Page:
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Fire Ecology

Downy serviceberry can sprout from root crowns and stumps following fire
[19].  Some reestablishment from seed dispersed from off-site may also
occur.
  • 19.  Scheiner, Samuel M.; Sharik, Terry L.; Roberts, Mark R.; Vande Kopple,        Robert. 1988. Tree density and modes of tree recruitment in a Michigan        pine-hardwood forest after clear-cutting and burning. Canadian        Field-Naturalist. 102(4): 634-638.  [8718]

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Successional Status

More info on this topic.

More info for the term: climax

Downy serviceberry is a late successional to climax species in
mixed-hardwood forests of the central United States [13].
  • 13.  Parker, G. R.; Leopold, D. J.; Eichenberger, J. K. 1985. Tree dynamics        in an old-growth, deciduous forest. Forest Ecology and Management.        11(1&2): 31-57.  [13314]

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Regeneration Processes

More info for the term: root crown

Downy serviceberry regenerates mainly by seed, but it also sprouts from
the root crown [14].  Seeds are dispersed by birds and mammals; bird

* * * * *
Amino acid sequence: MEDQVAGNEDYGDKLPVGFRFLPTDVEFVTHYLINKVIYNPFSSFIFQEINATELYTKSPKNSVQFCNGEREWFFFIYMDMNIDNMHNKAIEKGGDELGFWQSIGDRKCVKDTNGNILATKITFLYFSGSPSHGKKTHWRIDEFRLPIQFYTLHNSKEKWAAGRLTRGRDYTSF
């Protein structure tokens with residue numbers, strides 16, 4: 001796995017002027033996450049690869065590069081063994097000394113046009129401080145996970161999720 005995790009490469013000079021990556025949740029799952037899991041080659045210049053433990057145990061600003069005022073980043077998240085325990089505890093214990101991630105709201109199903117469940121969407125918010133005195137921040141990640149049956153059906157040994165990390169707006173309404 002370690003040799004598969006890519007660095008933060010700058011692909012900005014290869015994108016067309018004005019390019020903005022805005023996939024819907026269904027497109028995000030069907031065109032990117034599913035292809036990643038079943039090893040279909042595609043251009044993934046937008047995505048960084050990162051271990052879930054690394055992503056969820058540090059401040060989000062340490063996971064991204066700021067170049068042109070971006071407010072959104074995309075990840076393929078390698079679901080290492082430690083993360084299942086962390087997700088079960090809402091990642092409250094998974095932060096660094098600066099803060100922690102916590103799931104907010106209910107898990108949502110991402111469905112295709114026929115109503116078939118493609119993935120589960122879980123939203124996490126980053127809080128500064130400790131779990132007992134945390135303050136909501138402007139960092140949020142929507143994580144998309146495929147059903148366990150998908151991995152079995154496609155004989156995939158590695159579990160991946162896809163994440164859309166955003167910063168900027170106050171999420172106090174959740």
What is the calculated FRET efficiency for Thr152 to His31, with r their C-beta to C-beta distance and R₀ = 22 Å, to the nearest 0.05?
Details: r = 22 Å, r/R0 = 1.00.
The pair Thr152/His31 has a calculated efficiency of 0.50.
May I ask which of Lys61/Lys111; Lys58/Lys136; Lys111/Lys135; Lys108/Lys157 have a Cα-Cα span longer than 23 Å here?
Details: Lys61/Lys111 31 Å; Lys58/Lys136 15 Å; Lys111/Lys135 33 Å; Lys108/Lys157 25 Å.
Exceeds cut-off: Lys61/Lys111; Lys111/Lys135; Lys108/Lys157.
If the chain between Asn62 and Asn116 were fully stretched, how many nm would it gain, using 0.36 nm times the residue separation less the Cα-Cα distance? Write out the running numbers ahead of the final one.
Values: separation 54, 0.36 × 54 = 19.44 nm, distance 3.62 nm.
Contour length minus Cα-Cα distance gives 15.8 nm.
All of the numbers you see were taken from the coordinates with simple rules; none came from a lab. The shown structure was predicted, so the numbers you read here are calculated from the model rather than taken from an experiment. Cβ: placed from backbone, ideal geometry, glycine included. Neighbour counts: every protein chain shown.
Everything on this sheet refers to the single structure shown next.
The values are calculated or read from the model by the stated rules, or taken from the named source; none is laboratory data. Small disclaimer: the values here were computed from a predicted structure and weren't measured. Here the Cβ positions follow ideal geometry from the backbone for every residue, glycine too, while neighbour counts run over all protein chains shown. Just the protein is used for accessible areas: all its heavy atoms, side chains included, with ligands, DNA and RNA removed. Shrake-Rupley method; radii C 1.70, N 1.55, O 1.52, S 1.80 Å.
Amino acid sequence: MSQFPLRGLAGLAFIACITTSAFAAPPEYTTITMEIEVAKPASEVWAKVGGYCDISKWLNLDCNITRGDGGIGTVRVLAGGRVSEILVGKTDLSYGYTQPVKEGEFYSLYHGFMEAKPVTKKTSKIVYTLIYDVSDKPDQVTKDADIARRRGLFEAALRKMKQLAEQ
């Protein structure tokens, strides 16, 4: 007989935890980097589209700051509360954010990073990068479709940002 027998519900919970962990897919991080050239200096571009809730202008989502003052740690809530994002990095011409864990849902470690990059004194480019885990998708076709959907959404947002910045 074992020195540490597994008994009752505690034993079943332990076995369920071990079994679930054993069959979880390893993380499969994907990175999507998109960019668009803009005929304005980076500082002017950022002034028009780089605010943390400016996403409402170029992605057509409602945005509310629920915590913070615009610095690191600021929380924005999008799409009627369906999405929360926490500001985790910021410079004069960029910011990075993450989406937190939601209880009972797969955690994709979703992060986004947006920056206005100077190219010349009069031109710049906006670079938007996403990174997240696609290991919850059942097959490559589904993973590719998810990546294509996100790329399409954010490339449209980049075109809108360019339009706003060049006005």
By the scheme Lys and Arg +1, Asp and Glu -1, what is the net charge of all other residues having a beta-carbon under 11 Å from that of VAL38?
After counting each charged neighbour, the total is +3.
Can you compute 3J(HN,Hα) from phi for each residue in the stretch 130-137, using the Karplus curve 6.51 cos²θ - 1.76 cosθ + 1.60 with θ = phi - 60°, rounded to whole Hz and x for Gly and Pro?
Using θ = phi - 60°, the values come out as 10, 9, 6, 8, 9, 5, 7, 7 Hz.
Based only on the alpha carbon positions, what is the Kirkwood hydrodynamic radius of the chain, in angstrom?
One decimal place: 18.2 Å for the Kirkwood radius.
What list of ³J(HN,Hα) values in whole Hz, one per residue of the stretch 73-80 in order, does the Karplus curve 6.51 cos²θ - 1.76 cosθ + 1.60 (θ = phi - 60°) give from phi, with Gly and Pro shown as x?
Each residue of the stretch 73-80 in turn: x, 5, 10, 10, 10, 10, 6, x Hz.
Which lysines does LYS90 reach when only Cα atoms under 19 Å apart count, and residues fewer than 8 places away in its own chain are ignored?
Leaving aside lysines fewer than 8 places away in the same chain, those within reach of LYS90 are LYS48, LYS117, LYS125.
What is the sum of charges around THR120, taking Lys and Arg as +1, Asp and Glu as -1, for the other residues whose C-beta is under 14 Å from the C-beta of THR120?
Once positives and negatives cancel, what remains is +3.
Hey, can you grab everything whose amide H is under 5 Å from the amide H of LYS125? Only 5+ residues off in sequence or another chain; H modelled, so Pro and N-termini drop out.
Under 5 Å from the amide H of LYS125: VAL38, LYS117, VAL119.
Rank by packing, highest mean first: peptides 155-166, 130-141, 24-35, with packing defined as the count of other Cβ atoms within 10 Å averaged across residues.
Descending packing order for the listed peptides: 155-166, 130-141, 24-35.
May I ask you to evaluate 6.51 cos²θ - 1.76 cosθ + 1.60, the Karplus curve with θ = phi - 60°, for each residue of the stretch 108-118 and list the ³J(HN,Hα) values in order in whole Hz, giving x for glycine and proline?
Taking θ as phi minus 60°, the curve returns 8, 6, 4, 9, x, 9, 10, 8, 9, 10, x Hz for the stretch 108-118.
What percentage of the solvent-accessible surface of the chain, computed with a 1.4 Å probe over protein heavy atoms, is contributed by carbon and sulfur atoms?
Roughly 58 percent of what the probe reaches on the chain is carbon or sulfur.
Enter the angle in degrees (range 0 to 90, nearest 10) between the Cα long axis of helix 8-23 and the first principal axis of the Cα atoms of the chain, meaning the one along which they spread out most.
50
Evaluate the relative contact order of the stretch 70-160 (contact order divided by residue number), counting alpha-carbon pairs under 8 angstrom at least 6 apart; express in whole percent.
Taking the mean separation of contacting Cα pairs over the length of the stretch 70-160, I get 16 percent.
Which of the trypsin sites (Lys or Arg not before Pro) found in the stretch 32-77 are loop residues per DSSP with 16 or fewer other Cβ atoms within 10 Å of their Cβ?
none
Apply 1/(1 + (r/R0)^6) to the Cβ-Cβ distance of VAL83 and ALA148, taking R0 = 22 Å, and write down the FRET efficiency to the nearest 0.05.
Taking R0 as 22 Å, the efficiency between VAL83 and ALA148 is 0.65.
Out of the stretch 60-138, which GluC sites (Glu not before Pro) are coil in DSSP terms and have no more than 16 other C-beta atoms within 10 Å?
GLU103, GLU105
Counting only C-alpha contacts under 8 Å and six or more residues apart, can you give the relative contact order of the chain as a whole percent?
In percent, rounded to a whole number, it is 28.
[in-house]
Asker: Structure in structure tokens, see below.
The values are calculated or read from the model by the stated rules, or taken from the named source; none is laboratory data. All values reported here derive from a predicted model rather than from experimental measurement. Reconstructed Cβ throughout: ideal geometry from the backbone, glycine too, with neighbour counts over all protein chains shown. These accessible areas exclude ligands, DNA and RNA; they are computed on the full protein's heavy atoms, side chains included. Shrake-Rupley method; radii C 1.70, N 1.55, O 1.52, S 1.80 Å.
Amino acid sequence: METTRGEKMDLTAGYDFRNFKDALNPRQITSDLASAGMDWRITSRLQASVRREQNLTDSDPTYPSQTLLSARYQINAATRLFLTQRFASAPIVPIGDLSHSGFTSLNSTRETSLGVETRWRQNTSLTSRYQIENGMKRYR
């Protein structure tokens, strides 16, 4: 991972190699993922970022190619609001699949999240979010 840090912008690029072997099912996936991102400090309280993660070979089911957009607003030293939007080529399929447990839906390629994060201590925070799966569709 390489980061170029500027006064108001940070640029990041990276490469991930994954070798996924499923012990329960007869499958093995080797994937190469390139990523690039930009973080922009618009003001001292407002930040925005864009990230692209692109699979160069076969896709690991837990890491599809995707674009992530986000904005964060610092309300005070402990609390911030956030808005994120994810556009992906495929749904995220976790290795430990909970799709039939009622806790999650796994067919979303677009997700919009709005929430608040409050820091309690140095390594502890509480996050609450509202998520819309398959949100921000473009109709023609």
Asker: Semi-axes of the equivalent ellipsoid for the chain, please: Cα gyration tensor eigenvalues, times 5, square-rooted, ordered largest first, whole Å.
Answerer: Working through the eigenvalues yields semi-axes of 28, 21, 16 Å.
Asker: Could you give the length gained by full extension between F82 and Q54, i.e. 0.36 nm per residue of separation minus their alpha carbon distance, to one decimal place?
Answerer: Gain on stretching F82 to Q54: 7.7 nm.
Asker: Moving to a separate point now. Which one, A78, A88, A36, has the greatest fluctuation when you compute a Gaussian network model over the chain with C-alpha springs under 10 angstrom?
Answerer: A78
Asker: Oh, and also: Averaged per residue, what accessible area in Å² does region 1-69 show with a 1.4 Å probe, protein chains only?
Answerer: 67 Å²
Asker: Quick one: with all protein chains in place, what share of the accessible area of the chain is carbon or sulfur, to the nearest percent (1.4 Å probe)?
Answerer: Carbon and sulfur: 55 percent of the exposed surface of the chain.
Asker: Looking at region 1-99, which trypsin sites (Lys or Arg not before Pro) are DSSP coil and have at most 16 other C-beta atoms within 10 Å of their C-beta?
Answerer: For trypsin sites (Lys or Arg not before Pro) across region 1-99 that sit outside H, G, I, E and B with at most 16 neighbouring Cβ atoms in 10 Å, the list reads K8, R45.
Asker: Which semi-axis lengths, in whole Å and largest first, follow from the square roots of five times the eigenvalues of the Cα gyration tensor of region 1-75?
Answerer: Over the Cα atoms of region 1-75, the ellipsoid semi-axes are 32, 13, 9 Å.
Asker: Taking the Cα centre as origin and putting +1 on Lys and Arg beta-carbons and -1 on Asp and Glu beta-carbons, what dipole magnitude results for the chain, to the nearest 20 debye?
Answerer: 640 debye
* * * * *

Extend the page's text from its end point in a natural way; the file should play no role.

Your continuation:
ingestion of seeds is an important scarification process [17].  Seeds
should be collected soon after ripening before animals eat them.  Seeds
can be washed from the fruits by mashing them with water.  There is an
average of 80,000 cleaned seeds per pound (176,000 kg).  Seeds should be
dry stored at 41 degrees Fahrenheit (5 deg C) in sealed containers.
Seeds can be sown in either fall or spring after 2 to 6 months of cold
stratification, but they will not usually germinate until after the
second spring [1].
  • 1.  Brinkman, K. A. 1974. Amelanchier Med.  serviceberry. In: Schopmeyer, C.        S., technical coordinator. Seeds of woody plants in the United States.        Agric. Handb. 450. Washington, DC: U.S. Department of Agriculture,        Forest Service: 212-215.  [7516]
  • 14.  Preston, Richard J., Jr. 1948. North American trees. Ames, IA: The Iowa        State College Press. 371 p.  [1913]
  • 17.  Robinson, W. Ann. 1986. Effect of fruit ingestion on Amelanchier seed        germination. Bulletin of the Torrey Botanical Club. 113(2): 131-134.        [4552]

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Growth Form (according to Raunkiær Life-form classification)

More info on this topic.

More info for the terms: hemicryptophyte, phanerophyte

   Microphanerophyte
   Nanophanerophyte
   Hemicryptophyte

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Life Form

More info for the terms: shrub, tree

Tree, Shrub

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Broad-scale Impacts of Fire

August burning of slash piles in the forest of lower Michigan killed
most of the downy serviceberry on the site [19].  Stumps and roots
sprouted the following year, but much of downy serviceberry found on the
site was established from seed dispersed by birds and mammals.  Studies
in Pennsylvania showed contradictory results in the closely related